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Outcomes Worse for Rural Residents With Chronic Conditions

Last Updated: December 16, 2019.

Rural Medicare beneficiaries with complex chronic conditions have higher preventable hospitalization and mortality rates than their urban peers, which is partially explained by reduced access to specialists, according to a report published in the December issue of Health Affairs, a theme issue on rural health.

MONDAY, Dec. 16, 2019 (HealthDay News) -- Rural Medicare beneficiaries with complex chronic conditions have higher preventable hospitalization and mortality rates than their urban peers, which is partially explained by reduced access to specialists, according to a report published in the December issue of Health Affairs, a theme issue on rural health.

Kenton J. Johnston, Ph.D., from St. Louis University, and colleagues examined a nationally representative survey of Medicare beneficiaries with one or more complex chronic conditions representing 61 and 57 percent of rural and urban Medicare beneficiaries, respectively.

The researchers found that compared with urban residence, rural residence correlated with a 40 percent higher preventable hospitalization rate and a 23 percent higher mortality rate. After adjustment for having one or more primary care provider visits, having one or more specialist visits during the previous year correlated with a 15.9 and 16.6 percent lower preventable hospitalization rate and lower mortality rate, respectively, for individuals with chronic conditions. Overall, 55 and 40 percent of the rural-urban differences in preventable hospitalizations and mortality, respectively, were accounted for by access to specialists.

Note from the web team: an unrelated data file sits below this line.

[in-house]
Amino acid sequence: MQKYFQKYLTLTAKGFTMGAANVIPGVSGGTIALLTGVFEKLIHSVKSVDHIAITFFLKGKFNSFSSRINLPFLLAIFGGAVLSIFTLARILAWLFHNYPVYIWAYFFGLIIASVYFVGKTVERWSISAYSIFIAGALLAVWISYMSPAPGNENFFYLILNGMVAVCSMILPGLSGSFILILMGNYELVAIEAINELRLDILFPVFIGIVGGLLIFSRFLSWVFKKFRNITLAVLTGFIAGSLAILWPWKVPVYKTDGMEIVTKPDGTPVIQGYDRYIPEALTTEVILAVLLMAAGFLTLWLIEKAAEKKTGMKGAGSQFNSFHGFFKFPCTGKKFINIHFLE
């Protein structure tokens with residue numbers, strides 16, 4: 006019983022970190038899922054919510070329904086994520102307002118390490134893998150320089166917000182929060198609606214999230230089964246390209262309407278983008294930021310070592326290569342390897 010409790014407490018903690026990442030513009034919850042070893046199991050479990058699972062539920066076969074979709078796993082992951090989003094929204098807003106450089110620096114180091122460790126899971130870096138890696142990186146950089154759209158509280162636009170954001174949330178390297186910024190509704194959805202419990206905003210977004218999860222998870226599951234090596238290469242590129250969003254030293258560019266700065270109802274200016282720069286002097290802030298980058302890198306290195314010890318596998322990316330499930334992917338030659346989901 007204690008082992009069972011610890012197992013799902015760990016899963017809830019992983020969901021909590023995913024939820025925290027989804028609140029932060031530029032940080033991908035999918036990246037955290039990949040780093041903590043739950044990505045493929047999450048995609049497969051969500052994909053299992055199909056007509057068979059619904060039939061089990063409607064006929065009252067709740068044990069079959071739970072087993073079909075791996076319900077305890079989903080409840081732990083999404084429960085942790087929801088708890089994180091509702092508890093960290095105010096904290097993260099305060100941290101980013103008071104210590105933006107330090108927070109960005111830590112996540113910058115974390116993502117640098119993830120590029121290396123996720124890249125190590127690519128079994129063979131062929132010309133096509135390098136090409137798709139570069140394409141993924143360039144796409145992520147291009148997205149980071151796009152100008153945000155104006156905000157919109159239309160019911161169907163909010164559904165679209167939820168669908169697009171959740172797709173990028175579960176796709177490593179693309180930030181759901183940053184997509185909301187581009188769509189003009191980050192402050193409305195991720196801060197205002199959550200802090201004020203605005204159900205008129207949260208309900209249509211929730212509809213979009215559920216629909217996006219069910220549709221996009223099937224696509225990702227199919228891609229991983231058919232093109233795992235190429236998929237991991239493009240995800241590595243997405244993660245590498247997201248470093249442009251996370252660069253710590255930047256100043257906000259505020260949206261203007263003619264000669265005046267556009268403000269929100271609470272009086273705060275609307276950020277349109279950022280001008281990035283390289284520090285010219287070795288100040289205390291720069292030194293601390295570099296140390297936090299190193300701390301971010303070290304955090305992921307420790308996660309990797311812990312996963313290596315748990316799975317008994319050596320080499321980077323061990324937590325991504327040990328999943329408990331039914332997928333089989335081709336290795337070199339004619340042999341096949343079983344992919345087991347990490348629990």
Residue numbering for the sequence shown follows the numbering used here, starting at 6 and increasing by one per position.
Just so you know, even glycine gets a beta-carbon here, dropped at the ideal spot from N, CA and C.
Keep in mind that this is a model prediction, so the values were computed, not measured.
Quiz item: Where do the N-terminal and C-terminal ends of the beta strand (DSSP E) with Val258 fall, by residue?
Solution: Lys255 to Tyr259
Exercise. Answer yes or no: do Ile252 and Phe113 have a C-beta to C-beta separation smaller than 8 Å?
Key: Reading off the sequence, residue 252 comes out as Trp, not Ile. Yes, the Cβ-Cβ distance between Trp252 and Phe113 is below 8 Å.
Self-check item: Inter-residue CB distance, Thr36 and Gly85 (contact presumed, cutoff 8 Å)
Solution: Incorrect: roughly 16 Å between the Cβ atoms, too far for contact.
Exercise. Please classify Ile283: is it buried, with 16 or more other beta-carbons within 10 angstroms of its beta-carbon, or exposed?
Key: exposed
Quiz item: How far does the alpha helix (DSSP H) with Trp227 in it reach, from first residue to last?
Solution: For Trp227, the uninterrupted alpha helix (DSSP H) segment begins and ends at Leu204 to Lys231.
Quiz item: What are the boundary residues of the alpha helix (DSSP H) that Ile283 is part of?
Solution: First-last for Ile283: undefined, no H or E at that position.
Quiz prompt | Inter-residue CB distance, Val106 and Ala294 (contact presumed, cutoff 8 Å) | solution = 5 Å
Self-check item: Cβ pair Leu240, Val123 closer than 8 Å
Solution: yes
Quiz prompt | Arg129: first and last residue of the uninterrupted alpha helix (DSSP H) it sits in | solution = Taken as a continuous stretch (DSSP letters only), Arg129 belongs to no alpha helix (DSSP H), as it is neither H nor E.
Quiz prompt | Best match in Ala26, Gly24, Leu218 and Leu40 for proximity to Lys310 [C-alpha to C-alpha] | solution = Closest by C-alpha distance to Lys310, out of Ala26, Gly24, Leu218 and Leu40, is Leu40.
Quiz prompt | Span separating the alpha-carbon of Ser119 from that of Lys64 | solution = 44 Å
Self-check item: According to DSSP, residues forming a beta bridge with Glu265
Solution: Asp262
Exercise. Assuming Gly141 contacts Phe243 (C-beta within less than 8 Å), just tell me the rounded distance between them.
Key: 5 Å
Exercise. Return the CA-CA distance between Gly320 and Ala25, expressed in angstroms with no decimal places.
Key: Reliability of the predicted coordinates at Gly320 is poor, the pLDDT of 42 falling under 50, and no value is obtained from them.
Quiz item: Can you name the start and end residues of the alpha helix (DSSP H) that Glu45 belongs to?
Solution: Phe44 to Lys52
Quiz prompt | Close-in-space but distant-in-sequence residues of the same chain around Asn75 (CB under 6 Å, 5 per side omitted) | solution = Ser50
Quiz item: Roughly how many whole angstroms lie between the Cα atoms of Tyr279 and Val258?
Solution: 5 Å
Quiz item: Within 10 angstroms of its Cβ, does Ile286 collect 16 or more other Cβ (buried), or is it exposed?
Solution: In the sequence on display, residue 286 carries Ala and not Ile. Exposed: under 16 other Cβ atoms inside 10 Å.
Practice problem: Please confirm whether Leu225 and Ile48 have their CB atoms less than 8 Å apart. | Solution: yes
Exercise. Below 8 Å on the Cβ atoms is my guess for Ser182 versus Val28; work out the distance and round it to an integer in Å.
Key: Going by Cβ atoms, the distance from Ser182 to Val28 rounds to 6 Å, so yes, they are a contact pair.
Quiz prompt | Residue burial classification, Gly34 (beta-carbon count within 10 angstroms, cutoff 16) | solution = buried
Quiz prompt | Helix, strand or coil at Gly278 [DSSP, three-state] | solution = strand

"We found that access to care, particularly to specialists, explained a sizable portion of the difference in preventable hospitalization and mortality rates between rural and urban beneficiaries," the authors write.

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